Bounty - A drastically overpadded story. This is the one where for no apparent reason they are rescuing an ex-President and the Liberator, again for no apparent reason, gets temporarily captured (offscreen) by bounty-hunters who are old friends of Jenna's. There is one good line - Avon reflecting to fellow captive Blake that "None of us showed conspicuous intelligence on this occasion." Vila gets some nice moments, and it seems that Jenna has a past and a personality as well. But this could have been a decent story at half the length.
Deliverance - This is much more like it. Here the two stories are 1) Avon finds himself the subject of a prophecy saving a lost race, also subject to the worship of the charming Meegat; and 2) Ensor junior hijacks the Liberator in an attempt to save his father, as the result of an unusually evil plot by Servalan which even has Travis blinking. Avon, having been a potential turncoat two episodes previously, is now forced to discover some nobility of character by circumstances, and duly does so (Vila to Avon: "Counting yourself, that makes two people who think you're wonderful". Poor Cally continues her descent into uselessness, being mere canon-fodder for Ensor junior's hostage-taking. Jenna, captured by savages, does rather better.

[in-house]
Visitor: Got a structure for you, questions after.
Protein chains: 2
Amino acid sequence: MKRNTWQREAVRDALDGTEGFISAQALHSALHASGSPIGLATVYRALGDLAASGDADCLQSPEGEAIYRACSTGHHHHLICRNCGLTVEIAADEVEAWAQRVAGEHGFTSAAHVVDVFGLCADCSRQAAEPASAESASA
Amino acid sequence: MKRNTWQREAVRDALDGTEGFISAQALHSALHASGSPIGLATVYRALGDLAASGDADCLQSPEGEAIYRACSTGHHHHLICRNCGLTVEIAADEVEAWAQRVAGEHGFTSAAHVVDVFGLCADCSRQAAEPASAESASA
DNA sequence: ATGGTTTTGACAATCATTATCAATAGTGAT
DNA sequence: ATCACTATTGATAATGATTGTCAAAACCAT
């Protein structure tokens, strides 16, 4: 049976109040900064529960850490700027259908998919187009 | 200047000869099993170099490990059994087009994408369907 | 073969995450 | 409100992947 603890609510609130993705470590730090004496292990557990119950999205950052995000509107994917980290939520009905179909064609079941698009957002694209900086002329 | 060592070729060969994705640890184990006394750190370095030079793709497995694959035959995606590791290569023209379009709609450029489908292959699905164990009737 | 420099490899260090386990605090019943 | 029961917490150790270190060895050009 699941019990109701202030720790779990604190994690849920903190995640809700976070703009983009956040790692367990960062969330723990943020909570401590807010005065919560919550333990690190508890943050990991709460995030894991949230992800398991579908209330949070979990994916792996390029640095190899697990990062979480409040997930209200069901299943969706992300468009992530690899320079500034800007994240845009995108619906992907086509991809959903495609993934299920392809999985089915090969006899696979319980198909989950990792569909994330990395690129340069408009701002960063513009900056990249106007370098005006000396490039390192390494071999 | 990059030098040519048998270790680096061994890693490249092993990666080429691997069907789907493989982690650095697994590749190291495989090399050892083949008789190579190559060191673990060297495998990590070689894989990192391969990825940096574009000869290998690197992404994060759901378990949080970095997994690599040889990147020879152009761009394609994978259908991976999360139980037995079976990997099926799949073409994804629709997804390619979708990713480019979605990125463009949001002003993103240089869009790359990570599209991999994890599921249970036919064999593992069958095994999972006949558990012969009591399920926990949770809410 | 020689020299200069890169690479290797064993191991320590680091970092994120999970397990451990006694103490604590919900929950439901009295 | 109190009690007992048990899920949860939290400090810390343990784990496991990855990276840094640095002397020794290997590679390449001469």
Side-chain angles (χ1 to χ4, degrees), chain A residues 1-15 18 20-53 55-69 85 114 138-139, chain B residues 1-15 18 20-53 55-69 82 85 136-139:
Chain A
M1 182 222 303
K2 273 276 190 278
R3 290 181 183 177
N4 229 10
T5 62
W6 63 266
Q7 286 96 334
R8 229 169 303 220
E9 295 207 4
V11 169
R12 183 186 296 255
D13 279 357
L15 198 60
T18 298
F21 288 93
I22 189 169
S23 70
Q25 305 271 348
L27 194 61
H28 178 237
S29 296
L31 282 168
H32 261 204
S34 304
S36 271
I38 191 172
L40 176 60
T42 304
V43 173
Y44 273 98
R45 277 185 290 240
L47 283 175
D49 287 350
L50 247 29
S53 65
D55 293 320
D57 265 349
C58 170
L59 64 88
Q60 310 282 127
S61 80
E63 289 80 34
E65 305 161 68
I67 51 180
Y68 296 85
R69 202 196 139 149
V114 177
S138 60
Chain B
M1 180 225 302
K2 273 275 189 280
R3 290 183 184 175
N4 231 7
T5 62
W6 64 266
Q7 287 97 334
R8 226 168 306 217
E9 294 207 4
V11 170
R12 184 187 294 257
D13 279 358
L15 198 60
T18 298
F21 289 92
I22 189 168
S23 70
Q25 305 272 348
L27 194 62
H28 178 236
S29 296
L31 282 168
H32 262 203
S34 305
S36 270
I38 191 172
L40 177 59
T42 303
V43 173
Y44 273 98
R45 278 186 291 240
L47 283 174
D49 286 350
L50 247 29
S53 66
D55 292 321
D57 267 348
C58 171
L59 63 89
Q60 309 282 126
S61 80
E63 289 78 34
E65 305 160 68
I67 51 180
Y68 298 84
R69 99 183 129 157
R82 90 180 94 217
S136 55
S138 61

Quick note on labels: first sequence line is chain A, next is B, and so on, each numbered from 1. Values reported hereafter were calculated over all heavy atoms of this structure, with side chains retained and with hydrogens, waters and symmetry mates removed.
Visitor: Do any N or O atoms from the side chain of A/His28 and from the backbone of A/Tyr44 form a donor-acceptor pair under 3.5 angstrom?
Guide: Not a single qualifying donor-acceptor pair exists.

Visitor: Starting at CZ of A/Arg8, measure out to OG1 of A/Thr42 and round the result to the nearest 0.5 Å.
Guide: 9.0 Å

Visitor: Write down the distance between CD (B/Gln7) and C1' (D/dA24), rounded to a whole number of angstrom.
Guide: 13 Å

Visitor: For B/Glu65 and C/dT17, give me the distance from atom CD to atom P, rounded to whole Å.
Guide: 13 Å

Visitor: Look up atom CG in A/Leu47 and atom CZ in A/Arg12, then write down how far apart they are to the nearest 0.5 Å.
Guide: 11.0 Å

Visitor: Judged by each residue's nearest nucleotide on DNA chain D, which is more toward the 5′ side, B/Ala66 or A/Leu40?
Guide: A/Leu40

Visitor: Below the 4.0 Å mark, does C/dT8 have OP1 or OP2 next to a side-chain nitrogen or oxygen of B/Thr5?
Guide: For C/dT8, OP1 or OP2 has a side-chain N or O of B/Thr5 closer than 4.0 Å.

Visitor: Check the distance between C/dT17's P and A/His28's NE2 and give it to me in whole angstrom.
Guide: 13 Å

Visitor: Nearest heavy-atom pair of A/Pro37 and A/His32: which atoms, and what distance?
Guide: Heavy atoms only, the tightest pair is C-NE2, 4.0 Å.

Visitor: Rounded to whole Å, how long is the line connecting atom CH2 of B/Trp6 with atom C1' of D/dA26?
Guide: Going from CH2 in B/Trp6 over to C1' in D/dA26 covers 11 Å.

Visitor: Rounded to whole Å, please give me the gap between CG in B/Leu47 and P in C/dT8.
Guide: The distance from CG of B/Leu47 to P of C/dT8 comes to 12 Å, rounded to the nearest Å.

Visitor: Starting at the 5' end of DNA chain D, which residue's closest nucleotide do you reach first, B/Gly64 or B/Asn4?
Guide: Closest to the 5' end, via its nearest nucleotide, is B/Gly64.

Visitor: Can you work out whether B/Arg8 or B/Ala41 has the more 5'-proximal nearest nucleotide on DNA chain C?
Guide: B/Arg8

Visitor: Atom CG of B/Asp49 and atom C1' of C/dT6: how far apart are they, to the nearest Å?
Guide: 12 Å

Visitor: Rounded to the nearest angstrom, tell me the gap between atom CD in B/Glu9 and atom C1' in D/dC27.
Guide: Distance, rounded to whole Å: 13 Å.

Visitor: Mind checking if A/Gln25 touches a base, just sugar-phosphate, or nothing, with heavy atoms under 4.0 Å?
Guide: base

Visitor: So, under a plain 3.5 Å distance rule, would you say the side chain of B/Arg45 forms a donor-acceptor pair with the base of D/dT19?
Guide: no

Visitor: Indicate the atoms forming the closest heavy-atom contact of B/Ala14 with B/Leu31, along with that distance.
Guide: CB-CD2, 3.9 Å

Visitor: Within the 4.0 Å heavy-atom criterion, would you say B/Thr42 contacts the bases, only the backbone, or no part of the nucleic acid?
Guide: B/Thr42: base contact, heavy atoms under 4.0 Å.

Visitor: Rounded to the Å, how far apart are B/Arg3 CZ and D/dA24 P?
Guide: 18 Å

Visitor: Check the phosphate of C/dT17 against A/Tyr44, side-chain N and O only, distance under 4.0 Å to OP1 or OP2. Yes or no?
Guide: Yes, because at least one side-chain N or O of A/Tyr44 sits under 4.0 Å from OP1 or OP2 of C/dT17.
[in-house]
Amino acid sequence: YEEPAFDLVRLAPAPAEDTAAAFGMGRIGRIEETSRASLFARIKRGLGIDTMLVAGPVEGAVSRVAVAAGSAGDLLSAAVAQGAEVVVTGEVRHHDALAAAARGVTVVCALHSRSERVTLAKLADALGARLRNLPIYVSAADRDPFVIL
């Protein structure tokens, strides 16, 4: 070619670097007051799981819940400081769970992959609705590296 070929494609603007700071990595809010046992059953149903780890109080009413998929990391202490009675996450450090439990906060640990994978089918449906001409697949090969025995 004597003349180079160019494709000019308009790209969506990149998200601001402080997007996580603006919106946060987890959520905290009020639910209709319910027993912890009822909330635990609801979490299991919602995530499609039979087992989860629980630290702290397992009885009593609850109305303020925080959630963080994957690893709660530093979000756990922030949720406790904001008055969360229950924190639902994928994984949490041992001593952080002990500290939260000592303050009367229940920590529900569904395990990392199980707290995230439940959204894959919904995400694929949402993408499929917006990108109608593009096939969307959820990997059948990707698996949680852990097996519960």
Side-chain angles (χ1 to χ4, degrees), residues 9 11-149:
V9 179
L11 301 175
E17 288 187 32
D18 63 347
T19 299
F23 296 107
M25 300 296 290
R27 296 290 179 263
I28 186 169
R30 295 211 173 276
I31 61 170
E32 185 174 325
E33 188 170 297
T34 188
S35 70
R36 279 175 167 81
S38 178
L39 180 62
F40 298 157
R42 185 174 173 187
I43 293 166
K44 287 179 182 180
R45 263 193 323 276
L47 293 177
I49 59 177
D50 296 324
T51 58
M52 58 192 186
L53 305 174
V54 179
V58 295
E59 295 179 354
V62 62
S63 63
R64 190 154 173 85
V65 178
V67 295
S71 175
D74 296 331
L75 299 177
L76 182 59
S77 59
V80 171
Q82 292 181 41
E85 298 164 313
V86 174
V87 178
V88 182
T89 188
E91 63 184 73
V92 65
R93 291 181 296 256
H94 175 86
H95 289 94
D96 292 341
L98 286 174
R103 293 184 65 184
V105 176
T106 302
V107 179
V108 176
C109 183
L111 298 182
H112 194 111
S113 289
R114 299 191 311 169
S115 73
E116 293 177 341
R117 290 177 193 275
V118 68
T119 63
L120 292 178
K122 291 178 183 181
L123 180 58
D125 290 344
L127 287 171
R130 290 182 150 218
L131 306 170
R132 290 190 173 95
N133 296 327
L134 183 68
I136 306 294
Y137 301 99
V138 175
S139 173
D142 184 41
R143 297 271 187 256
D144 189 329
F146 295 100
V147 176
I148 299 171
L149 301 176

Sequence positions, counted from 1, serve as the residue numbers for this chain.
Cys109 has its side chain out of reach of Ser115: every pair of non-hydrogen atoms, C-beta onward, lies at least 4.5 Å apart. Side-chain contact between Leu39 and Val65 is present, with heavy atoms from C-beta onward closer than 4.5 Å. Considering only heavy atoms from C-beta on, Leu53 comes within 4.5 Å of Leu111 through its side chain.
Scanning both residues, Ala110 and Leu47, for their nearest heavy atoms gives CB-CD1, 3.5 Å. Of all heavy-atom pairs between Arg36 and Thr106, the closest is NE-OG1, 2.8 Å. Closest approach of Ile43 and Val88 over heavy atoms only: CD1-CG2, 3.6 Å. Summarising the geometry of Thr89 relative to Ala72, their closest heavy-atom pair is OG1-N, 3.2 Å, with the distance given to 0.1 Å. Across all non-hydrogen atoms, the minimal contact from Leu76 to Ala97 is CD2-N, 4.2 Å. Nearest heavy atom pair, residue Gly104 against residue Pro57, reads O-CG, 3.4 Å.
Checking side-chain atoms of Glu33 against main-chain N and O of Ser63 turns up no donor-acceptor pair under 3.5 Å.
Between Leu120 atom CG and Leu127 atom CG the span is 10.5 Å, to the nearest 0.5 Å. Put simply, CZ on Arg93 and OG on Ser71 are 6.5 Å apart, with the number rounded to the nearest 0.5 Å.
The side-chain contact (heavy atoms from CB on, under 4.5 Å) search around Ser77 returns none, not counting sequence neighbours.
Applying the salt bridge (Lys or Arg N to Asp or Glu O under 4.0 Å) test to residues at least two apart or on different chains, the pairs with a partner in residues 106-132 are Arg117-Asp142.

Orac - The season ends with one of its strongest stories. With Deliverance, It's the first properly linked pair of stories since the very start of the season; all the crew who went down-planet last week falling ill with radiation sickness this week. It depends on a rather odd distribution of medicines (Ensor doesn't have what he needs, but does have what the Liberator folks need) but once you swallow that it's tense and well-paced. I was mildly puzzled by the way in which Servalan and Travis didn't quite seem in phase once we switched to the studio scenes, and it turns out that Stephen Greif was injured and couldn't do them; in which case I think they handled it well.
Did anyone else think that Derek Farr as Ensor was very much channelling William Hartnell's Doctor? More on this below.
The final cliff-hanger - Orac's prediction that the Liberator would be destroyed - kept us all guessing for a year; was that the prediction on the screen, or was that what had actually happened?
My conclusion after all of this is that anyone who wants to appreciate Terry Nation's work in Blake's 7 also needs to see his early Doctor Who serial, The Keys of Marinus. The six 25-minute episodes are essentuially five distinct stories, the last being a two-parter, in which the regulars are sent to different environments for the adventure of the week. Several of them - the murder mystery, the chilly environment, the bottled brains - have fairly direct parallels in B7, but I'm more struck by the underlying concept of subjecting your team to different stresses and seeing what it brings out of them - Nation wasn't actually terribly good at this, but the thought was there. One thing he manages in B7 which he didn't do so often in Who was humour. Well, we'll see if the new Survivors is any cop.